For us groovy ghouls, October is that most wonderful time of year--a season for hauntings, Halloween parties, Hershey bars and, of course, horror movies. Some of the scariest fright flicks ever produced were filmed and/or set in Texas, including Tobe Hooper’s low budget masterpiece from 1974—you’ve probably heard of it—a little picture called The Texas Chain Saw Massacre.
Narrated by an uncredited John Larroquette (of Night Court fame), the film finds a vanload of teens wandering off the main road and into a decrepit farm house occupied by sadistic cannibals. Much mayhem ensues, including a harrowing scene in which the now-iconic Leatherface (Gunnar Hansen), a hulking brute wearing a human skin mask and wielding a chainsaw, chases a beautiful blonde named Sally (Marilyn Burns).
Nightmarish and highly influential, the original TheTexas Chainsaw Massacre (avoid the sequels altogether and approach the 2003 remake with trepidation) is the best, most famous Texas horror film, but there are a number of others worth renting or downloading, including the sinister seven listed below.
Send the kiddies to their rooms, however, because each movie is Rated R with good reason.
Race with the Devil (1975)
Recommended for B-movie buffs, Race with the Devil is as much a car-chase film as it is a horror movie, with two San Antonio couples in an RV being chased by devil worshipers across the Texas plains. The cast, which includes Peter Fonda, Warren Oates and Loretta Swit, is considerably stronger than the script, but the action-packed movie remains entertaining.
Writing for www.popmatters.com, J.C. Macek III called Race with the Devil “an unquestionable good time,” citing its “thrills, mystery and legitimate scares.”
The Town that Dreaded Sundown (1976)
Directed by Charles B. Pierce, the auteur responsible for Legend of Boggy Creek, The Town That Dreaded Sundown (1976) stars Ben Johnson as a Texas Ranger searching for a hooded killer who is terrorizing the residents of Texarkana, circa 1946. Supposedly based on a true story, this early serial killer film plays out documentary style and is plenty chilling. Look for Dawn Wells, a.k.a. Mary Ann from Gilligan's Island, as a shrieking victim.
A “meta-sequel” of the same name hit theaters in 2014, debuting at the 10th annual Fantastic Fest in Austin.
Bubba Ho-Tep (2002)
Elvis and JFK never died. In fact, they’re alive and well in an East Texas nursing home whose residents are being killed by an ancient Egyptian mummy. So goes the premise of Bubba Ho-Tep, an amusing horror comedy starring Bruce Campbell as The King and African-American Ossie Davis, who claims he was “dyed” after his assassination was faked by LBJ, as our 35th president.
As ridiculous as it sounds, the movie is entertaining, and it’s a surprisingly sincere love letter to Elvis Presley as well.
Texan through and through, Frailty takes place in small-town Texas and stars two of the state’s most noteworthy actors: Bill Paxton, who was born in Fort Worth (and also directed the film), and Matthew McConaughey, who was born in Uvalde and lives in Austin. A religious fanatic father, beset by visions, enlists his two sons on a mission from God to kill demons disguised as human beings.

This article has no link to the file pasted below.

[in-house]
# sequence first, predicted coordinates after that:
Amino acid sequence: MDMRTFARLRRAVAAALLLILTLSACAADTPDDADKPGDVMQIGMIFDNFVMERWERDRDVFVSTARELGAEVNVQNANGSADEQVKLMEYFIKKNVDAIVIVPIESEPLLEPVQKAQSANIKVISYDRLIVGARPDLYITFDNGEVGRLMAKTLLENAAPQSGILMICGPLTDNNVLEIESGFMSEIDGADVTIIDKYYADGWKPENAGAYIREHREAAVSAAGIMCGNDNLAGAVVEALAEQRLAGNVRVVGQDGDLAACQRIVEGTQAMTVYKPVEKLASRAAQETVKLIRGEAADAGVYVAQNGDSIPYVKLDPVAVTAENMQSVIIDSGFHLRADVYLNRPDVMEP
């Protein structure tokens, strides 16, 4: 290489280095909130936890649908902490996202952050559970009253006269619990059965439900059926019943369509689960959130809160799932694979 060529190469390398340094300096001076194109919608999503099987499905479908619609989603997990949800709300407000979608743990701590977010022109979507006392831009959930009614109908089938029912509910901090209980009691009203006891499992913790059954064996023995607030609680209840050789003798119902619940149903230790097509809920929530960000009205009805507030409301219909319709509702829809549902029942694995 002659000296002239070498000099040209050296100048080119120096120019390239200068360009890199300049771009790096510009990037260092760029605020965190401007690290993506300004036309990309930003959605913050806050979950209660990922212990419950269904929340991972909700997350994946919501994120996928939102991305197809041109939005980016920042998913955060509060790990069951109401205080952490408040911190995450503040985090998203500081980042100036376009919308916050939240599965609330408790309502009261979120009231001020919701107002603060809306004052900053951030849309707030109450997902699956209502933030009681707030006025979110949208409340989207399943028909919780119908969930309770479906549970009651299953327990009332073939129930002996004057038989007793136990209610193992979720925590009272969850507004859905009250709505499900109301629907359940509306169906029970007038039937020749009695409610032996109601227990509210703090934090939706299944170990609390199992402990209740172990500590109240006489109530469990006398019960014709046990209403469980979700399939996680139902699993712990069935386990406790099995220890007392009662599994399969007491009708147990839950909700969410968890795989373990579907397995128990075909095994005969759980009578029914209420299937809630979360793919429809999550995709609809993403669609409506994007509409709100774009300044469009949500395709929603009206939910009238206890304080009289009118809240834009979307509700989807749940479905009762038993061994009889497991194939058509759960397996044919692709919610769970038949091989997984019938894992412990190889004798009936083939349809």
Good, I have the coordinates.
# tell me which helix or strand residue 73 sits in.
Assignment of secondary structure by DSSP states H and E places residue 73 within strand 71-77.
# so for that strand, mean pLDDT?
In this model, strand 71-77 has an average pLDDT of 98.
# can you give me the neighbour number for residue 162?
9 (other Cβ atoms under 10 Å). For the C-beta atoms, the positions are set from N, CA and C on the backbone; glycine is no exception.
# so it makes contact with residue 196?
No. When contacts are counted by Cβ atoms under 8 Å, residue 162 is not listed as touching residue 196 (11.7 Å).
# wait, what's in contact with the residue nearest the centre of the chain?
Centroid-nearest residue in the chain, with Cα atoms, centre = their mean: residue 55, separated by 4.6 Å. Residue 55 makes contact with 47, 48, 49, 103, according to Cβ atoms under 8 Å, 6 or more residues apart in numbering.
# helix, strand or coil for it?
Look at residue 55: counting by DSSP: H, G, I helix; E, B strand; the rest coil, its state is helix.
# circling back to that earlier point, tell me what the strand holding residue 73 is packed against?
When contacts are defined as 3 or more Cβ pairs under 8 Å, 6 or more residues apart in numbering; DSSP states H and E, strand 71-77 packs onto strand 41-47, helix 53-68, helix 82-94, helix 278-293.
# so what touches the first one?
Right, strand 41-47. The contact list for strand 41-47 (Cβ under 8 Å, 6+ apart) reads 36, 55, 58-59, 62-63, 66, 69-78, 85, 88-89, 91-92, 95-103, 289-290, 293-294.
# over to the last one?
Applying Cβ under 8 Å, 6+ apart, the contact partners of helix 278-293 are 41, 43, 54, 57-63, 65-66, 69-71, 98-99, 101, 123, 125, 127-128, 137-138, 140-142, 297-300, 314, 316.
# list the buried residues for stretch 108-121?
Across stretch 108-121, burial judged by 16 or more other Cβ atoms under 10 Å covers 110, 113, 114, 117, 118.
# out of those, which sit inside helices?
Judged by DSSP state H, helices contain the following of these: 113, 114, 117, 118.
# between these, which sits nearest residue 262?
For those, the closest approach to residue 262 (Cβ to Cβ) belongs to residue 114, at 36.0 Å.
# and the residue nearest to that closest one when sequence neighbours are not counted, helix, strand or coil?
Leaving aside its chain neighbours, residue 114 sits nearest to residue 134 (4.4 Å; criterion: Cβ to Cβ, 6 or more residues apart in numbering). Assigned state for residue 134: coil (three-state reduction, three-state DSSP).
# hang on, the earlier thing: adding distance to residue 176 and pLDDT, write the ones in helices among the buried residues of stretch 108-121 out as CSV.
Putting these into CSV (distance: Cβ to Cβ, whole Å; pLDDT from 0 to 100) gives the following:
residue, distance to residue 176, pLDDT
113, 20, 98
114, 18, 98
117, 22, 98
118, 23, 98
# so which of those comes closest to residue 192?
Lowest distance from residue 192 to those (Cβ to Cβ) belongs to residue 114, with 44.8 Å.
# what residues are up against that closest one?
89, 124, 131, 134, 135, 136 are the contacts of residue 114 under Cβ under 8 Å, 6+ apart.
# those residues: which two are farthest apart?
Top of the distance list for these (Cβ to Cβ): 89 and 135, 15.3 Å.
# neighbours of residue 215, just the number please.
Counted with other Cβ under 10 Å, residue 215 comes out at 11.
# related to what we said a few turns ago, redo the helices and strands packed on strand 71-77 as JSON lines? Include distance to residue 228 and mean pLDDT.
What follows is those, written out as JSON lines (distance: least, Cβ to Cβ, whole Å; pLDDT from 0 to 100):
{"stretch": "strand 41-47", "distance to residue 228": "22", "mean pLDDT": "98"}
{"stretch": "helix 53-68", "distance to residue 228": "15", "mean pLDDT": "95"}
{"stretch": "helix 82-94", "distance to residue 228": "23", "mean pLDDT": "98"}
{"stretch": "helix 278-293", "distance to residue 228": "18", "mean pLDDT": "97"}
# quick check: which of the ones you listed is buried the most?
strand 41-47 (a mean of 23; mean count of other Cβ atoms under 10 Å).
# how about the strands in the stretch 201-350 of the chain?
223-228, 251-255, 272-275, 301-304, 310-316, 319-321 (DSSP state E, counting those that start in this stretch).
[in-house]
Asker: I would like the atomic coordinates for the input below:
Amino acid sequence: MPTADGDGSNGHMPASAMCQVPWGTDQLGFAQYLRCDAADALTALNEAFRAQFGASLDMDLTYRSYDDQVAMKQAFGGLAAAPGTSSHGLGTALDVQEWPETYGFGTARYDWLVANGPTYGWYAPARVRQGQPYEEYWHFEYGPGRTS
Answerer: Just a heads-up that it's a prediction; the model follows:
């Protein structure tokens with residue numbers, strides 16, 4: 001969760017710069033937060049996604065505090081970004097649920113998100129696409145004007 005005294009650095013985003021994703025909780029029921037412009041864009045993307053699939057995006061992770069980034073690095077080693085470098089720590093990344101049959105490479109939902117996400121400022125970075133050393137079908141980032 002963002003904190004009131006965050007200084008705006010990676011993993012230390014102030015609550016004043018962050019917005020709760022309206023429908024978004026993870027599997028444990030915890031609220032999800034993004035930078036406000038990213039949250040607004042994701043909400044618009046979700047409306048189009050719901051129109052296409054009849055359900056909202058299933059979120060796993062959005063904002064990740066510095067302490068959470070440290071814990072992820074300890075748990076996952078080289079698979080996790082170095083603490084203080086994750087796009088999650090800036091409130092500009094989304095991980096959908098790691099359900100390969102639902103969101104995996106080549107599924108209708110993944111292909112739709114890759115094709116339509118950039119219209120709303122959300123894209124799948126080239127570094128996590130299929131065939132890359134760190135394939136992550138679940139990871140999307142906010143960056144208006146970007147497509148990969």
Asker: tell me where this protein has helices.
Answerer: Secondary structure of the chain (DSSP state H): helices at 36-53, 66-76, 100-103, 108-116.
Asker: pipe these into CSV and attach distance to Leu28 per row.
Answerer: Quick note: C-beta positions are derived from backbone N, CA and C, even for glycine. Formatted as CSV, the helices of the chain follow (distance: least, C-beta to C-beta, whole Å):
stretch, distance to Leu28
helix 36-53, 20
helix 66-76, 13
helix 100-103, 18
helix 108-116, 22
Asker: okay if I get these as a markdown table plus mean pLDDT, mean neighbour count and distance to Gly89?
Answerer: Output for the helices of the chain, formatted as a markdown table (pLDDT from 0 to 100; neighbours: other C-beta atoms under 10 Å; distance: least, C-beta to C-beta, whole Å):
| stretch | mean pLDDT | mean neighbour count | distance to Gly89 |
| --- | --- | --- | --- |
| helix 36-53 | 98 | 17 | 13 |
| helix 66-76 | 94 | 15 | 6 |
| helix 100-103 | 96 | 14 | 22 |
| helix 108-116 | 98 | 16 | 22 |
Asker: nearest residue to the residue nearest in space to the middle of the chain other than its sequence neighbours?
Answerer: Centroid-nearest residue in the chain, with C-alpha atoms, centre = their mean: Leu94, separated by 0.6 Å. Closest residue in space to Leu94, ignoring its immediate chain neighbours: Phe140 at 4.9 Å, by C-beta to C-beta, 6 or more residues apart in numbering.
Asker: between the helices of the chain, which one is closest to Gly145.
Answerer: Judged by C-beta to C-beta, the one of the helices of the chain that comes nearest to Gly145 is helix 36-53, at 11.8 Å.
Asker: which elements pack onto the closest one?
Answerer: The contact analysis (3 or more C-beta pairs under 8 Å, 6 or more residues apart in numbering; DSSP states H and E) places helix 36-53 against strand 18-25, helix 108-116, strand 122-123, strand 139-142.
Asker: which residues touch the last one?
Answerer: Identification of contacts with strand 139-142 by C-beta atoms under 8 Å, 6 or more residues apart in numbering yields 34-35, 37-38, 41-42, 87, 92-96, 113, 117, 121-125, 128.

Frailty is fairly obscure (perhaps the lame title has something to do with it), but disturbing, powerful and relevant. In terms of sheer quality of filmmaking, it’s one of the better films on this list.
The Devil’s Rejects (2005)
Directed by shock rocker Rob Zombie, famous for such songs as Dragula and Living Dead Girl, The Devil's Rejects is the superior sequel to Zombie’s House of 1,000 Corpses (2003). Sid Haig (wearing bad teeth and clown makeup), Bill Moseley and Sheri Moon Zombie (Zombie’s wife) reprise their roles as members of the psychotic, prolifically murderous Firefly family. This time they’re on the run from the law, and the cops are about as scary as their prey.
Recommended for fans of extreme horror, The Devil's Rejects is excruciating and unrelenting in its use of gore and violence—don’t say we didn’t warn you.
Planet Terror (2007)
San Antonio native Robert Rodriguez’s contribution to his and Quentin Tarantino’s collaborative double feature, Grindhouse, Planet Terror takes place in rural Texas during a zombie apocalypse that was created by the unleashing of an experimental bio-weapon. The fun film takes the “Living Dead” formula to new heights with grosser, more graphic depictions of zombie carnage as a small band of survivors—including Rose McGowan brandishing a shotgun leg—fends of the unholy hoards.
The other half of the bill, Tarantino’s Death Proof, was shot in Texas as well.
The Final (2010)
In The Final, an independent film screened at the 2010 After Dark Horrorfest, bullied teens take matters into their own hands, exacting revenge on their tormentors by drugging them, chaining them together and brutalizing them using methods derived from horror movies and ancient torture techniques.
The teens take the torture, which was filmed at a farm house in the remote county of Rocky Branch, Texas, way too far, but there are some guilty pleasures to be found in this type of revenge fantasy.